Meet Mark Bloomfield!

Adventurer, world traveler, humble servant, visionary—those are the words that describe Mark Bloomfield, the man who discovered the Sacred Heart Sisters and their work in the remote regions of Bihar. Without Mark there would be no FreeSchools World Literacy. Here is a short biography of Mark that Sue Tennant, the founder of FSWL-Canada.

by Sue Tennant (2005)

Mark in 2006 during a visit to one of the FreeSchools in Bettiah

MARK BLOOMFIELD was born to privilege in Stratford-on-Avon but left family and England at seventeen to travel the world.

Mark relishes speed and adventure.

In the early 1990s, he worked as a volunteer bush pilot in the Selous Game Reserve in Tanzania to help protect 60,000 elephants from ivory poachers. As an engineer of experimental aircraft and a certified flight instructor, Mark thrilled at Tanzania’s adventurous low-flying flight paths, but he could not shake the haunting memories of atrocious human suffering that he’d seen years before in Calcutta. India beckoned his return.

Working with Mother Teresa’s Missionaries of Charity
In 1994, he knocked on the door of Mother Teresa's Missionaries of Charity (MC) to see if he could help. Welcomed into the inner courtyard of the MC Mother House in the guts of Calcutta, his offer was gladly accepted and he was assigned to work the next morning in "Prem Dan," MC’s home for mentally ill destitutes in the Park Circus area.

Several weeks later, he was moved across to 'Kalighat', an old converted Hindu temple in the southern suburbs, and Mother Teresa's original home for dying destitutes. Working under a dear old sister named Dolores, he ended his first voluntary period a couple of months later as the undertaker. In addition to nursing the dying, Mark dispatched the dead to either the burning ghats or, if they were Christian, to shallow graves atop older graves in Tollygunge Cemetery. Each morning he faced an additional task. On the steps of the Mother House was always a pile of murdered female baby corpses also waiting to be burned. These bundles of discarded life had either been withheld food or their tiny spines were snapped at birth for not being male.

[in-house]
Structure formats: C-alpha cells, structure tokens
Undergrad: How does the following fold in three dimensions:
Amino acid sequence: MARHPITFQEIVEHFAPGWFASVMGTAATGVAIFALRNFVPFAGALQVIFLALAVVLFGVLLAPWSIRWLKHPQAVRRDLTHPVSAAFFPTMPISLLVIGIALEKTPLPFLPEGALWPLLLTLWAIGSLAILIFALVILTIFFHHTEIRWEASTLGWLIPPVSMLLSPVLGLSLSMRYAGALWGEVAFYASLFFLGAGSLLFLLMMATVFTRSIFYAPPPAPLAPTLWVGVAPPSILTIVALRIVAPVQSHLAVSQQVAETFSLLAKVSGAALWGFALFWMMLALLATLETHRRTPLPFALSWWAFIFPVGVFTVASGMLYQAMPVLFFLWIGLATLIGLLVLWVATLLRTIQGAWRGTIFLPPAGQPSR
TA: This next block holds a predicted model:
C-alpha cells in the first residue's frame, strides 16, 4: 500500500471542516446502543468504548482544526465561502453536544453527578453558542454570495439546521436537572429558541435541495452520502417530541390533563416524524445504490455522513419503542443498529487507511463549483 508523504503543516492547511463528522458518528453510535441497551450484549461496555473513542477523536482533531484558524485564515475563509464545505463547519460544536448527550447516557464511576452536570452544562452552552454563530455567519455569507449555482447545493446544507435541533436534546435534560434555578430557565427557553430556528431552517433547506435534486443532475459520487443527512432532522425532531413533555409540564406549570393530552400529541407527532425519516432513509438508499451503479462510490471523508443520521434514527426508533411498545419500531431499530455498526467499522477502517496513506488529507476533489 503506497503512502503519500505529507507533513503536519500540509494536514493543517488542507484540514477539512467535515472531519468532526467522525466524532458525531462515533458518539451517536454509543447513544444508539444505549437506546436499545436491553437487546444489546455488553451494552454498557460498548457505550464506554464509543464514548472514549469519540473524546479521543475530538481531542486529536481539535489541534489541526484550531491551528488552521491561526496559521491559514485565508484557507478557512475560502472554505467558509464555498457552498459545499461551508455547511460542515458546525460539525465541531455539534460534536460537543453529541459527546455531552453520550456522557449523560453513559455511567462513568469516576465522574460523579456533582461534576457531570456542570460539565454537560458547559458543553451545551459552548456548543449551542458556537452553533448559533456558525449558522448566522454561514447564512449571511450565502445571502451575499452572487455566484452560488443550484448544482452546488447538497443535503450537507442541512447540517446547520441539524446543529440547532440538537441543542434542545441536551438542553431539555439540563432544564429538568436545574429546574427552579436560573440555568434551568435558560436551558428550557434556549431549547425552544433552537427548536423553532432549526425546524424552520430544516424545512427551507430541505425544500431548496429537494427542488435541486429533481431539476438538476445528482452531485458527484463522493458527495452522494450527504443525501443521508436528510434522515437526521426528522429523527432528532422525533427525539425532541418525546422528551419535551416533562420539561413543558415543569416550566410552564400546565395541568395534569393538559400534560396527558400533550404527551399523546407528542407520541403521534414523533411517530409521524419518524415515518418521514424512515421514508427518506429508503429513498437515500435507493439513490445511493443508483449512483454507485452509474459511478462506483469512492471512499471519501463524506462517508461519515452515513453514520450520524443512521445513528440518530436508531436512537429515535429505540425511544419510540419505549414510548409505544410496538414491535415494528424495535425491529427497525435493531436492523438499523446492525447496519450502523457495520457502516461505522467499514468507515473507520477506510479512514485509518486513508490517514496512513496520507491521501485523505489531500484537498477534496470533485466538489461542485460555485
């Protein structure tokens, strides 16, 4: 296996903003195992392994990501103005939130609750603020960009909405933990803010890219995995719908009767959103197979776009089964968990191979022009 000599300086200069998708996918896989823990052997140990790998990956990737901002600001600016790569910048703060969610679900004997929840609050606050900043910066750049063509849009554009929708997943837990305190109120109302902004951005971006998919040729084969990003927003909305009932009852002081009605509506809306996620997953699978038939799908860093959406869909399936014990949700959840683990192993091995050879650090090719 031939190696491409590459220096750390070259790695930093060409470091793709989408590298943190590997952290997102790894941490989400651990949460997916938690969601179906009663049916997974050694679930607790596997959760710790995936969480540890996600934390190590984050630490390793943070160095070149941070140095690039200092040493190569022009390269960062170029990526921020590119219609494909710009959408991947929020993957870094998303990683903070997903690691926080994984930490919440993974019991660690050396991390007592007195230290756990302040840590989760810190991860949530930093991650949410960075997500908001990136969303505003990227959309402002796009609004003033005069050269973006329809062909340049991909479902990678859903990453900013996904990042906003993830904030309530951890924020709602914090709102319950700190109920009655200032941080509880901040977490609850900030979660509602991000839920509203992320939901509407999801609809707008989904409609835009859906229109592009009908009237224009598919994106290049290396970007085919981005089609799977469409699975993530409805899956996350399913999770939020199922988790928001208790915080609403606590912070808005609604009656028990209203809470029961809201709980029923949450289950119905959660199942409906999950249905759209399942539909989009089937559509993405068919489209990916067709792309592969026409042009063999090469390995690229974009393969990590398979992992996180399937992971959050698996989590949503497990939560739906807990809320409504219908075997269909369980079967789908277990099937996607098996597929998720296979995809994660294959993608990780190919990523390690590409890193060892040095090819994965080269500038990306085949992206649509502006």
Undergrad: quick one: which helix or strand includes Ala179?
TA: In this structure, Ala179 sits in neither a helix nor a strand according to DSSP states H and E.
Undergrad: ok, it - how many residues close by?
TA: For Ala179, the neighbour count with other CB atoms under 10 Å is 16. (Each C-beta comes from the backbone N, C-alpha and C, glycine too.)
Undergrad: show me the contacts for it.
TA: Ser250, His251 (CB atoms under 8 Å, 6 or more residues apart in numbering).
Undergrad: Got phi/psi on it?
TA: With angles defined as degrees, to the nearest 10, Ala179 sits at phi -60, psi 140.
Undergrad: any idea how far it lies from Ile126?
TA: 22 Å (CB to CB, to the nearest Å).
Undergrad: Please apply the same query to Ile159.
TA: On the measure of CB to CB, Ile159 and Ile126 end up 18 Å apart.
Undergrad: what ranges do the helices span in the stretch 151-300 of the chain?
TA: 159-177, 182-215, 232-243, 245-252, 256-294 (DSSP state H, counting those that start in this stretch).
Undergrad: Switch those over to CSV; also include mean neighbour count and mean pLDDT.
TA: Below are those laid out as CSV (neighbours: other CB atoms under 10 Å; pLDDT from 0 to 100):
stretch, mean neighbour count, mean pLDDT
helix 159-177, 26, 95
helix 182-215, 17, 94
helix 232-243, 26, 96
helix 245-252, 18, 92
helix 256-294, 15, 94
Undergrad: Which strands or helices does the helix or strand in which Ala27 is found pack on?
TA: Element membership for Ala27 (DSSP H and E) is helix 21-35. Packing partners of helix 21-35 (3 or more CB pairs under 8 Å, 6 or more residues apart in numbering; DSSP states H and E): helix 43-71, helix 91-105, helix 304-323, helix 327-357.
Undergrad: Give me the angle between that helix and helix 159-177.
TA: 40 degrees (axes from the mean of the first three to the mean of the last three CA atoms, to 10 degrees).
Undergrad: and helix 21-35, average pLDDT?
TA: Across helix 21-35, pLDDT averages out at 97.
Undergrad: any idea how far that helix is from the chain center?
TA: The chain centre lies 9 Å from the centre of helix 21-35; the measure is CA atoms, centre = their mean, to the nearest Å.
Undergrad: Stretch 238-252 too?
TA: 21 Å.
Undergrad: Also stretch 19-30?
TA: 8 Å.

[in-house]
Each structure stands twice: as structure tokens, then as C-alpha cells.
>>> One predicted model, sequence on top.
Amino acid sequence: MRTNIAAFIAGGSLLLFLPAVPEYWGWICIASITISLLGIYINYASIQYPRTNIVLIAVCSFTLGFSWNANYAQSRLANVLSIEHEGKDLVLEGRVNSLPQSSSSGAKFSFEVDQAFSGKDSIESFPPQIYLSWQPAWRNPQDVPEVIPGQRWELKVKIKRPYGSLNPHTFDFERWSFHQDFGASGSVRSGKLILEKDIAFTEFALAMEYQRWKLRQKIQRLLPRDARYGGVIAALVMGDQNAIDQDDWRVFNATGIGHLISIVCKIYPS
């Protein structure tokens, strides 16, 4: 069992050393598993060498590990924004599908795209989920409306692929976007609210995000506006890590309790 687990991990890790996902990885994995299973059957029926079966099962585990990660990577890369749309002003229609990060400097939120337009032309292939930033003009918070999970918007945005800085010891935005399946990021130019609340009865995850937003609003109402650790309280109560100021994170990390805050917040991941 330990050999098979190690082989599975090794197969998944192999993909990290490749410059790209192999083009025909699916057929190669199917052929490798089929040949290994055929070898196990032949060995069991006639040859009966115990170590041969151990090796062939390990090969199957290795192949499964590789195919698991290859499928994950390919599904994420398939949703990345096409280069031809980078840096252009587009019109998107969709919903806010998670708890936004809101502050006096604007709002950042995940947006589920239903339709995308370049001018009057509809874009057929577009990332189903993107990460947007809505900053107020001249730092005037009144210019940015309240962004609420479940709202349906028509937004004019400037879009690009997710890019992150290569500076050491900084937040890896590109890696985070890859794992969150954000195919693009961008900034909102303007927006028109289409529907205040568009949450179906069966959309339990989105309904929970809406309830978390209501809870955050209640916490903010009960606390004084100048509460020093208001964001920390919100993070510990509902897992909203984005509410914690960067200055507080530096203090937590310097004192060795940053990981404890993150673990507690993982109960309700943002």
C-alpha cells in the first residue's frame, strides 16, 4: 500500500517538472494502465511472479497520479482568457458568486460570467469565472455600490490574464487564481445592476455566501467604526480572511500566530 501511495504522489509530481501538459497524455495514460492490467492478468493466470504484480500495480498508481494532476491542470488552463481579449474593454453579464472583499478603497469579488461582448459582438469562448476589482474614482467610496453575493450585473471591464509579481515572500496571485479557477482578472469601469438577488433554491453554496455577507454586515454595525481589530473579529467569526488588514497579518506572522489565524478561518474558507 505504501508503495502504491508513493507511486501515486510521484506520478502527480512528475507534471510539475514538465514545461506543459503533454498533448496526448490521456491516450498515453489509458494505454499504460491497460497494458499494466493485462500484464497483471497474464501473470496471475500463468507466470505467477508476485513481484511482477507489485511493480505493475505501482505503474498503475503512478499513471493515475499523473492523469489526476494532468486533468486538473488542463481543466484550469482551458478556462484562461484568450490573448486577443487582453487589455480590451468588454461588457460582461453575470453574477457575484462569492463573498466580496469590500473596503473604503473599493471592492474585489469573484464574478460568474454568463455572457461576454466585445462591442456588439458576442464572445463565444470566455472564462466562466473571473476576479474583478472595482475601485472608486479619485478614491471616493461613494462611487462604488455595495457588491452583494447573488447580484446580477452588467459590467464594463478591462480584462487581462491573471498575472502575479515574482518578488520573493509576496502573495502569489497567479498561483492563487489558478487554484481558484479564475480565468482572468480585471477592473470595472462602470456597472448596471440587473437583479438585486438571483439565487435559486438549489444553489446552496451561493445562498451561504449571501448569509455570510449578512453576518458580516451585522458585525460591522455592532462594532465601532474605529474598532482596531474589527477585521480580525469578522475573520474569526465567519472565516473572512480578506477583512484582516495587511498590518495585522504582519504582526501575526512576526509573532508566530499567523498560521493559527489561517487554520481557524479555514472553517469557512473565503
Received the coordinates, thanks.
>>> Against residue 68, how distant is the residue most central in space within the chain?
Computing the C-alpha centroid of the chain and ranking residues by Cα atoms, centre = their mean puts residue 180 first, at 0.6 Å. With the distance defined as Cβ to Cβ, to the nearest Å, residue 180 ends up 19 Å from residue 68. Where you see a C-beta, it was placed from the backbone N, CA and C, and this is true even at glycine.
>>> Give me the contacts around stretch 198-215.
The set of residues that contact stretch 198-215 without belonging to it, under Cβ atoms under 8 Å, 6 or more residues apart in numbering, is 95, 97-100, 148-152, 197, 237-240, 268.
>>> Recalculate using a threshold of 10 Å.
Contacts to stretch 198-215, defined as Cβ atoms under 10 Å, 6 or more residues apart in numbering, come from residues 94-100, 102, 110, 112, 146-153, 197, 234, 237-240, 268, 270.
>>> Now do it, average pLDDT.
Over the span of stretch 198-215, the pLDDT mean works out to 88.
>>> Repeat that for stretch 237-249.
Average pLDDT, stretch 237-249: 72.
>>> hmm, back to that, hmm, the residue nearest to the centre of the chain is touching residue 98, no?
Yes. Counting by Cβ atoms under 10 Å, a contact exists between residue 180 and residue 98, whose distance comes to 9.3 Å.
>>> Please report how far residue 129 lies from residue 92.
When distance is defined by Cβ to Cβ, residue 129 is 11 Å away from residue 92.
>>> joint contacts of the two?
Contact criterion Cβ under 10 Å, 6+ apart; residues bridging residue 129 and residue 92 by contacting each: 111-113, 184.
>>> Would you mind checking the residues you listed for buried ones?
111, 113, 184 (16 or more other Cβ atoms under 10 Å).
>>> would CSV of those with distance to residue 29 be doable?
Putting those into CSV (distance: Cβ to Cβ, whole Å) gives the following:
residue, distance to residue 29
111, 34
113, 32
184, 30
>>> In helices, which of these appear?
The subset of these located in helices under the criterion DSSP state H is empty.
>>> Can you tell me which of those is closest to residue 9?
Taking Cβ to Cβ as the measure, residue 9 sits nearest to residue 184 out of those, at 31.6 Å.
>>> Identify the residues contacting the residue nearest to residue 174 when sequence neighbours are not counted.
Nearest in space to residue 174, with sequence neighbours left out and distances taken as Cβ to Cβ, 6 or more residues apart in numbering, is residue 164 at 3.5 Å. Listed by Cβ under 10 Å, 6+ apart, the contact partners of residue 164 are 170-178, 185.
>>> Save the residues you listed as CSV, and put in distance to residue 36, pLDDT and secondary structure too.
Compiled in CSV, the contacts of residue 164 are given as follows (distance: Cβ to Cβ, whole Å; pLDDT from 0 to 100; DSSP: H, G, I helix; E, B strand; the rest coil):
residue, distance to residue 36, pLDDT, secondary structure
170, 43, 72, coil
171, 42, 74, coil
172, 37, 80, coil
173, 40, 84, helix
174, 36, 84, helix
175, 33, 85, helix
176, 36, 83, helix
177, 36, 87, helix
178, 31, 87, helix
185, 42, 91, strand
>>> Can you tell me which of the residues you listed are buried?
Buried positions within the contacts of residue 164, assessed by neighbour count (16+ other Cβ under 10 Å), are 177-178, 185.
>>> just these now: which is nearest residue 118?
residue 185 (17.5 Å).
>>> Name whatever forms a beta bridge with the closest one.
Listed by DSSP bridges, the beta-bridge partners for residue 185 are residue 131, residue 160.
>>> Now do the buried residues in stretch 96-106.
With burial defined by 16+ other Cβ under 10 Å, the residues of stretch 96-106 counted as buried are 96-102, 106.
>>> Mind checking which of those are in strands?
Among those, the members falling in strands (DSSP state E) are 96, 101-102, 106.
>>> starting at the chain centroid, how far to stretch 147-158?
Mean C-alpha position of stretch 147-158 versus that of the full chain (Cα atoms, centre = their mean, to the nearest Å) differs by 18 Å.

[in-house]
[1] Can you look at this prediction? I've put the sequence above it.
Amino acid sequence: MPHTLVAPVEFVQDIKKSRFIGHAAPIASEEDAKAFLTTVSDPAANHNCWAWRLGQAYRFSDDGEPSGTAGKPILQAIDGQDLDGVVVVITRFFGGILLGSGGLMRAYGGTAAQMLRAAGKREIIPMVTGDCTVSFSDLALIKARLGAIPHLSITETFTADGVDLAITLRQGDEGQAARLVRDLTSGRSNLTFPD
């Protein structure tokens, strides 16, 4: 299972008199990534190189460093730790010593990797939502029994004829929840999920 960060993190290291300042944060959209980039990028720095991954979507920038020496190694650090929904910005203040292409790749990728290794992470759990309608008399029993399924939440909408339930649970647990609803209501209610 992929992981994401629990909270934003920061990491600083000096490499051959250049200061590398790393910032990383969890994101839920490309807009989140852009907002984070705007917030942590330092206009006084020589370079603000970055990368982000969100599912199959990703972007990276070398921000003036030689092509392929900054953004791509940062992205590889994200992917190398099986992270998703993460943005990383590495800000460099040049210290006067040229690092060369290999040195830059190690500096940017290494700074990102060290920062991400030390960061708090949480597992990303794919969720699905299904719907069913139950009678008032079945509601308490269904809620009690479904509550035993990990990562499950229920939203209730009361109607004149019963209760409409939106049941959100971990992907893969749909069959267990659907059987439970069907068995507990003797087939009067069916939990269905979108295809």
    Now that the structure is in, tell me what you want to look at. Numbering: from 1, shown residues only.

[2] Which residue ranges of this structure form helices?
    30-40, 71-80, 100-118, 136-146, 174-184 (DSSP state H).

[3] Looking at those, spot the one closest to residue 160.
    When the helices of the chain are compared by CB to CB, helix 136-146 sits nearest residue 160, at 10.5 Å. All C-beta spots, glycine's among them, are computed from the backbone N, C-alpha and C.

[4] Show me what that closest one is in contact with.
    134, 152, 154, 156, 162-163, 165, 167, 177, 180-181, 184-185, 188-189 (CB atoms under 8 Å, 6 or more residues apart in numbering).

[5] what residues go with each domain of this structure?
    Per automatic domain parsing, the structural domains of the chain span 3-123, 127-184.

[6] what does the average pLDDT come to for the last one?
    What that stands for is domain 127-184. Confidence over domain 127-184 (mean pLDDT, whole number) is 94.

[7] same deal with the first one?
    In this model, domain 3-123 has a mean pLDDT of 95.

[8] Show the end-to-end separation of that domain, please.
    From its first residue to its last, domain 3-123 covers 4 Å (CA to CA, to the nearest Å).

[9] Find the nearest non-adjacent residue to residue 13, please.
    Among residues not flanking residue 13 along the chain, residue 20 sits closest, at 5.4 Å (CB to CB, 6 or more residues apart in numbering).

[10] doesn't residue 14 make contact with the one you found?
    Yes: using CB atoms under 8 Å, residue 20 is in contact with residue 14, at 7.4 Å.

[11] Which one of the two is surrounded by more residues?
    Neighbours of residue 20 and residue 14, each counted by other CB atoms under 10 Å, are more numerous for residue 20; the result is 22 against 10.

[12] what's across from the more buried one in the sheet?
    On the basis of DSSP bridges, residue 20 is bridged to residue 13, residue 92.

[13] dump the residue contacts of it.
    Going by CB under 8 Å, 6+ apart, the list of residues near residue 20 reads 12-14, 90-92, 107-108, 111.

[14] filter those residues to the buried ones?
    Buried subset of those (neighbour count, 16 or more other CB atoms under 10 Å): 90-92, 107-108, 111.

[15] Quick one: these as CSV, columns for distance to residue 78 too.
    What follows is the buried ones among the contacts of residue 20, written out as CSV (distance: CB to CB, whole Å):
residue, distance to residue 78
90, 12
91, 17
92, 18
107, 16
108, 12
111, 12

Establishing "Eye Camps"
It was during his second period of voluntary work at Kalighat the following year that he started to notice that a number of patients were blinded by cataracts that a simple and inexpensive operation could have removed. Obtaining permission from the MC sisters to escort cataract patients to a local charitable eye hospital, he started the slow change of direction that later culminated in an extraordinary personal initiative.

In remote parts of rural India where the poverty is so devastating, Mark solicited the support of local Indian eye surgeons willing to perform the 15-minute surgeries to masses of destitutes over three days. The cost of the surgery was beyond the patients' reach, but with money earned from flight instruction, Mark began to organize huge eye camps, assembling hundreds of patients at a time. For several years thereafter, he’d bring his savings to India to organize an annual free "eye camp" culminating in another two or three hundred deliverances from the curse of curable blindness.

2006: Mark with Sister Crescence, Sue Tennant, and Henry Thakur, Bishop of Bettiah.
2006: Mark with Sister Crescence, Sue Tennant, and Henry Thakur, Bishop of Bettiah.

The Free School – A Dream Becomes Reality
While sitting in the corridor of the Calcutta eye hospital with a patient he’d escorted for treatment he struck up a fateful conversation with a kindly looking, nearly-blind Indian nun also waiting for a doctor. Her name was Sister Crescence and she spoke near-perfect English. Despite an incurable eye condition, she still ran her convent school each day as though she were in perfect health. Mark and Crescence hit it off and before they parted company they agreed that he should visit her at her convent school in the north of India. It meant traveling to the notoriously dangerous and backward state of Bihar to continue the conversation about new and creative ways to serve the disadvantaged.